The Star Trek universe is also less imaginative in its conception of the future than, for example, Banks’s Culture novels. There clearly hasn’t been much thought put into what technology advances might achieve. If a space-ship is “intelligent” enough to automatically put a force-field over a hole in the ship’s structure, surely it should be smart enough to maintain motion detectors and person identifiers throughout the ship. In particular, a tedious on-ship battle between the ship’s deputy boss, and the enemy’s deputy in the bowels of the ship should never have happened.

Anyway, with engaging hero and anti-hero (Jean-Luc Picard vs. Shinzon), you can ignore all of these sillinesses and enjoy the bad guys, and their eventual downfall.

A while back, I waxed lyrical about the enjoyment I was getting out of Stronghold Crusader. I got about two thirds of the way through the Crusader Trail, up to a mission that starts you off between two instances of the Richard the Lionheart opponent. The problem is basically that the scenarios get harder by making the initial conditions more and more disadvantageous for the human, not by making the opponents any smarter. It eventually gets boring playing against opponents that never get any better. What I’d really like is a human opponent. In the meantime, I am playing customised skirmish games where I can control the initial conditions.

Tuesday, 18 February 2003

The Radetzky March

Listening to:

Shostakovich, symphony no. 10. (This is the symphony where the DSCH theme, D-Eflat-C-B, plays an important part of the final movement.)

Just read:

Joseph Roth, The Radetzky March.

This novel is set in the Austro-Hungarian Empire, with most of the events it describes happening shortly before the outbreak of World War I. It is essentially the story of the descendants (son and gradnson) of a war hero who saved the Emperor’s life at the battle of Solferino (where an Austrian army was defeated by combined French and Italian forces). Both main characters are quite flat. In the novel’s accompanying introduction, the translator of my edition describes the resulting effect as defining the characters by their clothes and uniforms. This puts it well, and is appropriate. The novel is all about the decline of institutions once thought pre-eminent, and the effects this has on the two characters. (The father is uncomprehending, almost unto the end, while the son is generally oblivious while clearly living a meaningless life.)

So, it is all just a big metaphor for the decline and fall of an empire, with main characters that aren’t particularly sympathetic. Why read it? The answer lies in the vivid picture it paints. This vividness extends both to the “scenery”, and also the characters’ interactions. There is a snap and a sparkle to both the dialogue and the descriptions of what the characters are thinking. Brief cameos by the Emperor himself are particularly entertaining. This is somehow a book that is simultaneously dry, cynical, sentimental and often quite beautiful.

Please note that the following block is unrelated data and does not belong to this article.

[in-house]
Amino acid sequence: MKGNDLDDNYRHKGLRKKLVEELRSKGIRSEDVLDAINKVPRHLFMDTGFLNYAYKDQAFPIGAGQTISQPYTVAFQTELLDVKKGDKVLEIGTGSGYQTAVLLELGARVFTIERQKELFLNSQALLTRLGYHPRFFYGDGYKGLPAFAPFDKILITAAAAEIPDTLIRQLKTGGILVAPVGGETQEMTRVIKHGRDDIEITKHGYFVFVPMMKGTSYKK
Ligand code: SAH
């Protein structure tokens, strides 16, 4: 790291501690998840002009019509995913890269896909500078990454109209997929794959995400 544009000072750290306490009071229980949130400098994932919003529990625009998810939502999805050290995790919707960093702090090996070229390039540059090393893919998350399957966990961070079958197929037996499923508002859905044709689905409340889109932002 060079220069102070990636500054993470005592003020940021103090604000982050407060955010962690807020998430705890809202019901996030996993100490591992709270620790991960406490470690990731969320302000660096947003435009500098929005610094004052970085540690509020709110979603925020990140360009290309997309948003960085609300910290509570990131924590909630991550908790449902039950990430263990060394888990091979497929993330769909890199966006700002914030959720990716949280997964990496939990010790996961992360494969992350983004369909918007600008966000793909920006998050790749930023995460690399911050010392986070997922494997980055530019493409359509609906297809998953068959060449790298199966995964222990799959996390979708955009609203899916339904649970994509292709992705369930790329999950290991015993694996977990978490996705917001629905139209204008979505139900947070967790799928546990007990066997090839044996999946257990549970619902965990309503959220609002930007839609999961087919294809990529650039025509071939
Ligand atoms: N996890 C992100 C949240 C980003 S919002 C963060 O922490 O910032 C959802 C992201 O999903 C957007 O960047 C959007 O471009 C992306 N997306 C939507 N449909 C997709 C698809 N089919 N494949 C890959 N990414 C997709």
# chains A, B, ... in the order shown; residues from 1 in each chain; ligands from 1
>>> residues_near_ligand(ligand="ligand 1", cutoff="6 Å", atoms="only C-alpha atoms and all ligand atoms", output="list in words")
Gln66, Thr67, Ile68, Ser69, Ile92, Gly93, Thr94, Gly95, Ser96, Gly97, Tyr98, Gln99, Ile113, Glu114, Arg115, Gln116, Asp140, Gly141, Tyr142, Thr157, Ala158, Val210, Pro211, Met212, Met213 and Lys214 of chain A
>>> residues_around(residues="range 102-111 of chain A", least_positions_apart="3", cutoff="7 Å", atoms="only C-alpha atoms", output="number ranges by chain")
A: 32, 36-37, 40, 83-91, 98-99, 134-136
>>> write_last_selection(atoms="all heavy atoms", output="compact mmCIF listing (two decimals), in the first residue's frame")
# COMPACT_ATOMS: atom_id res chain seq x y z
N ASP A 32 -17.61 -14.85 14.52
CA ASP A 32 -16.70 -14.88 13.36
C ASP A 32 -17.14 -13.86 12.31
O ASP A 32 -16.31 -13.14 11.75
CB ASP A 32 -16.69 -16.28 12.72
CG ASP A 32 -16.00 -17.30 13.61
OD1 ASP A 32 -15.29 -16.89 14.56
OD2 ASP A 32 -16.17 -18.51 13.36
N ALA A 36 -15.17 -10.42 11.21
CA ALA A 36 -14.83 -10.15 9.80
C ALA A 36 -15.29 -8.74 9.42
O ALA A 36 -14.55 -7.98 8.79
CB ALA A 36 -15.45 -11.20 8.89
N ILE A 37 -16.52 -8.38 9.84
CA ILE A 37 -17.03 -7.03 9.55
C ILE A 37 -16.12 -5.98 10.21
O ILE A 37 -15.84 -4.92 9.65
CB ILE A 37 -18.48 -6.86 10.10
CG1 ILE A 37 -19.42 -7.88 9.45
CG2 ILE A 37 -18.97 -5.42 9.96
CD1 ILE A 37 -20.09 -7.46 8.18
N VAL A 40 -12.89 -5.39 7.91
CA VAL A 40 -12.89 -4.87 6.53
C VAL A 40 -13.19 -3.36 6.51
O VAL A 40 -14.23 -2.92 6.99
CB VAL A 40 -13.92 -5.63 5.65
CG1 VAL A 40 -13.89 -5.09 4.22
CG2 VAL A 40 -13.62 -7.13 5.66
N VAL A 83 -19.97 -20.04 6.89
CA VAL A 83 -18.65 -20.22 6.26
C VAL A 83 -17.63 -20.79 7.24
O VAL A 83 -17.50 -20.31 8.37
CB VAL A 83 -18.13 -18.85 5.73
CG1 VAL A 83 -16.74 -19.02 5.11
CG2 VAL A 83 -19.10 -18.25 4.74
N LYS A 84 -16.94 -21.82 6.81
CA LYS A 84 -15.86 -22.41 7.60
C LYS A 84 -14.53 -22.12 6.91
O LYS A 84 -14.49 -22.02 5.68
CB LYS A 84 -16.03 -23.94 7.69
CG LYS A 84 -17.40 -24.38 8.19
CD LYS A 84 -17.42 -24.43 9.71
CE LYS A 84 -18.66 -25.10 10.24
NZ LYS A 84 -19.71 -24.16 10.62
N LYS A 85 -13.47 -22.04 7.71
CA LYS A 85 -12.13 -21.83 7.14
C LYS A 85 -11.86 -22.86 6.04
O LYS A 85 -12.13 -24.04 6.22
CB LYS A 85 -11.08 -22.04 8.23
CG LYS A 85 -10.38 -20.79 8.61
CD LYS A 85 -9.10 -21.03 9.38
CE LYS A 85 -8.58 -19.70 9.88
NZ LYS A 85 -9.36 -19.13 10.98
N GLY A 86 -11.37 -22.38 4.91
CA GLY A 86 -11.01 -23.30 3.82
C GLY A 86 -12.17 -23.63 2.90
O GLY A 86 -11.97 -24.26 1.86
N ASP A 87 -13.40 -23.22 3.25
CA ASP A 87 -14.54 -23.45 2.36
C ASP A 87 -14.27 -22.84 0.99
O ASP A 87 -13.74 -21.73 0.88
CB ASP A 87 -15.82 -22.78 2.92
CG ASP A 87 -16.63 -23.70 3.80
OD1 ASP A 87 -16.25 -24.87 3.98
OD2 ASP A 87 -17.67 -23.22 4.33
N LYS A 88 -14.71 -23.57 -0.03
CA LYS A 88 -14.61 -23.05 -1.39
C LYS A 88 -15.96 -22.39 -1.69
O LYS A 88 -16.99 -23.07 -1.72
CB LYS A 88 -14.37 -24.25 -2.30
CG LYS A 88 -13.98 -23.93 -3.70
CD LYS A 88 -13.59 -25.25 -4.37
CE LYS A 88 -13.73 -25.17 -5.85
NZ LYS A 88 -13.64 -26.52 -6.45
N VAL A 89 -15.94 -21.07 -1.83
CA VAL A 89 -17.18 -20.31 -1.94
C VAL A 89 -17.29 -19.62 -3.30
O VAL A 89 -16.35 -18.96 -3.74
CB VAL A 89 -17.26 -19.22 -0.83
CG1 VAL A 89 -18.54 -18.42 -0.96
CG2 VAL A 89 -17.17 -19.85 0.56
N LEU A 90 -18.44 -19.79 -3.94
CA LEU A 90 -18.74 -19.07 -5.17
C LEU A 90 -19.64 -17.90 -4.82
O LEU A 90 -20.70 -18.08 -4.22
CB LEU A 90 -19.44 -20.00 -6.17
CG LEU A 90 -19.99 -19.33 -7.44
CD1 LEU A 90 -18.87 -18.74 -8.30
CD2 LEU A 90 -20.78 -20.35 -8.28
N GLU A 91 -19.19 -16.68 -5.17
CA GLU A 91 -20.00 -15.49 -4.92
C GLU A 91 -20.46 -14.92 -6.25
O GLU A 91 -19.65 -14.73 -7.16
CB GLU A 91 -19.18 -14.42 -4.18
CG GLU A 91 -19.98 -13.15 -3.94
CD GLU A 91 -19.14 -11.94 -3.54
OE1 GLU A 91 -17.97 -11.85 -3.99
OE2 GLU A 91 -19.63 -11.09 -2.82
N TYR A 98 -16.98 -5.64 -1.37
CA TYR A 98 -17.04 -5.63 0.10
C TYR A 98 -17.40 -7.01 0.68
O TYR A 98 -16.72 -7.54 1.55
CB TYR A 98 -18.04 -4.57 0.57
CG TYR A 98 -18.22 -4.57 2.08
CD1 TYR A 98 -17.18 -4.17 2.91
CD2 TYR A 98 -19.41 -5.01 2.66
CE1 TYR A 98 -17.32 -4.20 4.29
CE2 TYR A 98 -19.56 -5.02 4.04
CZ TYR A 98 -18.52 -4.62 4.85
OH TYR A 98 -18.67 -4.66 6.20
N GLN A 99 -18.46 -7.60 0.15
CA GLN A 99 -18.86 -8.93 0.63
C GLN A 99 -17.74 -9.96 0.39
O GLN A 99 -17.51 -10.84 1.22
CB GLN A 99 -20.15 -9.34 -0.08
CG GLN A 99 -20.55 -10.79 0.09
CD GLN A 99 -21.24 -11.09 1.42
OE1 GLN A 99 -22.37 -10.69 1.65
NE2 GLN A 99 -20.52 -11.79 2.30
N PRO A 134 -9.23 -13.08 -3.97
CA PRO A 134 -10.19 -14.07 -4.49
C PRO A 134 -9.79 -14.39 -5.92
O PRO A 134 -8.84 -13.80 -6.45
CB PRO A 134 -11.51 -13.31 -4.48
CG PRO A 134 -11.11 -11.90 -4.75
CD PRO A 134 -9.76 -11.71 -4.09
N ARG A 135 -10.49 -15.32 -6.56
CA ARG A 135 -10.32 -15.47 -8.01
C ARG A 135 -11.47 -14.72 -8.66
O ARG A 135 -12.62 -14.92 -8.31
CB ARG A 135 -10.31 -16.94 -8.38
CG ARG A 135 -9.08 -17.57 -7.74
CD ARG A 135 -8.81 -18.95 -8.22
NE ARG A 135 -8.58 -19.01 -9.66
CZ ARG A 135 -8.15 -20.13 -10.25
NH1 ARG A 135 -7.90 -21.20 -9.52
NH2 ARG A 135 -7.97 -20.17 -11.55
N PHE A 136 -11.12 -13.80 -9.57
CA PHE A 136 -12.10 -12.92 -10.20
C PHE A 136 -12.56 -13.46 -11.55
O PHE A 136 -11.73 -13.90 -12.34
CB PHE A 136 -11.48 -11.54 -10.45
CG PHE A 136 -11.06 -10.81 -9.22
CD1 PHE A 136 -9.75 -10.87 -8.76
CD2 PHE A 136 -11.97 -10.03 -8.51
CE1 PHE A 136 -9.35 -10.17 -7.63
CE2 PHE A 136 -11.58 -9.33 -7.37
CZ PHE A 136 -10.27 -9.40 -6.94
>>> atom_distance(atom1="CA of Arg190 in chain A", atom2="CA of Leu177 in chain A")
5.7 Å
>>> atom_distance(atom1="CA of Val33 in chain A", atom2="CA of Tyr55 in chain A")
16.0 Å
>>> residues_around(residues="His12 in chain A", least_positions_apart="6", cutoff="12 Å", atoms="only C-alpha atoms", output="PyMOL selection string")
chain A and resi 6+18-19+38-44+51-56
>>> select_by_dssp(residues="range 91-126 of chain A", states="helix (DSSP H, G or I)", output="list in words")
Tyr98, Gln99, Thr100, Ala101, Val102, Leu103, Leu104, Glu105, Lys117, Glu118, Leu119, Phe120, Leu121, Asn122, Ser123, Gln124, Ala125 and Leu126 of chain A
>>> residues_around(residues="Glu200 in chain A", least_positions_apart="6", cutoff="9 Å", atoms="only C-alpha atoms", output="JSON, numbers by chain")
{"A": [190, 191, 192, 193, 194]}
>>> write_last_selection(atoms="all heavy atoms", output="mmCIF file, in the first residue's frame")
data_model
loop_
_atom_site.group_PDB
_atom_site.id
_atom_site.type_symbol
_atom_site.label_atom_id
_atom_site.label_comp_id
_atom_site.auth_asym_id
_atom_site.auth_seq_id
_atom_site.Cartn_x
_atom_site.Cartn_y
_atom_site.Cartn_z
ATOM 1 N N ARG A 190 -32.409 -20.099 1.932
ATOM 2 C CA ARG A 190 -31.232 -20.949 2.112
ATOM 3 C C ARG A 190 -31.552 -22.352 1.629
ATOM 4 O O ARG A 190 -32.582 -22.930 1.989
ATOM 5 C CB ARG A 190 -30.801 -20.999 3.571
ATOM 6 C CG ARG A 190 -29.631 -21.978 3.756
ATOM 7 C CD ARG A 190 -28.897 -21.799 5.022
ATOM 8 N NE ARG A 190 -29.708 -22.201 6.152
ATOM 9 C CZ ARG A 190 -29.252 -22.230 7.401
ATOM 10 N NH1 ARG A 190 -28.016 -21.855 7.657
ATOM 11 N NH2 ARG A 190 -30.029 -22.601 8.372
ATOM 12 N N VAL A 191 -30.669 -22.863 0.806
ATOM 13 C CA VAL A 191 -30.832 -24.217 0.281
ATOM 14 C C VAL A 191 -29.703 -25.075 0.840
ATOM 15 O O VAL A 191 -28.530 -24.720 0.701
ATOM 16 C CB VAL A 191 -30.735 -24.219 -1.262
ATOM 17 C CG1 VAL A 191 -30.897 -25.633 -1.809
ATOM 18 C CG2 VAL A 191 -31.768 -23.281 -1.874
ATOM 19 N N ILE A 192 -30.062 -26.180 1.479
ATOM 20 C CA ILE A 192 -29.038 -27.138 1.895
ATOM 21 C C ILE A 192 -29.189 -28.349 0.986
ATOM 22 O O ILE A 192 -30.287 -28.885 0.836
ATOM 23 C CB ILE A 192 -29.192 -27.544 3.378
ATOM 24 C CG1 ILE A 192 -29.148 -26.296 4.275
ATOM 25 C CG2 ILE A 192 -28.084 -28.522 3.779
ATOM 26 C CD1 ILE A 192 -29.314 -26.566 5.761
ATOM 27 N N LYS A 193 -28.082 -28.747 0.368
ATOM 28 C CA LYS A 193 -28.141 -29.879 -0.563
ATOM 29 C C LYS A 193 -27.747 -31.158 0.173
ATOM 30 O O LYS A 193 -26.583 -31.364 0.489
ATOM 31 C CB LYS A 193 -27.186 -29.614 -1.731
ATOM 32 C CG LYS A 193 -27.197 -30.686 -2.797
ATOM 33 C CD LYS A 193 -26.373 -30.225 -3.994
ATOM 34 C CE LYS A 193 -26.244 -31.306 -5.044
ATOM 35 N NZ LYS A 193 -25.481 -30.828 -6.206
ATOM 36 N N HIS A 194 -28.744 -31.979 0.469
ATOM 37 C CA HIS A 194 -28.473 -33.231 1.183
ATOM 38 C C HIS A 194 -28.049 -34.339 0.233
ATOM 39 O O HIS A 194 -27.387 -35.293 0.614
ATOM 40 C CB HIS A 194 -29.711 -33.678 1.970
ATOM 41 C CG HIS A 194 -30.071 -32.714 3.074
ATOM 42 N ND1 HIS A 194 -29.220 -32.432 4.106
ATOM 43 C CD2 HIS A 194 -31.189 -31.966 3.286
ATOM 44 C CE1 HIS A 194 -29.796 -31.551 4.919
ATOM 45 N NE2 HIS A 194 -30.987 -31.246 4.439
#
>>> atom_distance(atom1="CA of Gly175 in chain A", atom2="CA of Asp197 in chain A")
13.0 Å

To read next:

Mary S. Lovell, The Mitford girls: the biography of an extraordinary family.

Thursday, 20 February 2003

Clock radios of the future

Listening to:

Shostakovich, symphony no. 14.

My lap-top’s screen has decided to stop working. I’m using it now through a cable that has attached it to another monitor. This afternoon I might wander into the depths of Woden to take it to a Toshiba service centre to be be fixed. Everything else seems fine, so that’s a relief.

Lying in bed one morning, before it was time to get up, but unable to get back to sleep, I was looking at the clock-radio beyond the end of the bed. It struck me that there is a real uniformity to the interfaces of these devices. The time is displayed in a 12 hour mode, and two dots to the left of this display can also be illuminated. One indicates that the time is PM if it is on, and the other indicates that the alarm is on. This display convention has held on all clock radios that I’ve ever seen. (Maybe this isn’t such a great number.) Similarly, these radios have all supported “snooze” and “sleep” functions. Who decided on this interface, and is it really that universal?

I then wondered how a much more technologically advanced society would provide this functionality. Say you’re living on a Culture Orbital, under the benevolent care of a sophisticated AI Mind. What does a clock-radio alarm look like in this setting? I think it might be much the same, unless you subsume it into a “neural lace”; a device for telepathic, private communication with the Orbital’s Mind. Otherwise you need the glowing digits discreetly placed in the room (you don’t want to have to speak to learn the time, nor would you want a spoken response because this might disturb anyone else still asleep in the same room). You also want something to wake you up at the specified time, and having this done through a news programme starting up seems pretty good. Naturally, the news programme would be personalised, but the device providing it would be functionally similar to existing clock radios.

Tuesday, 25 February 2003

The Mitford girls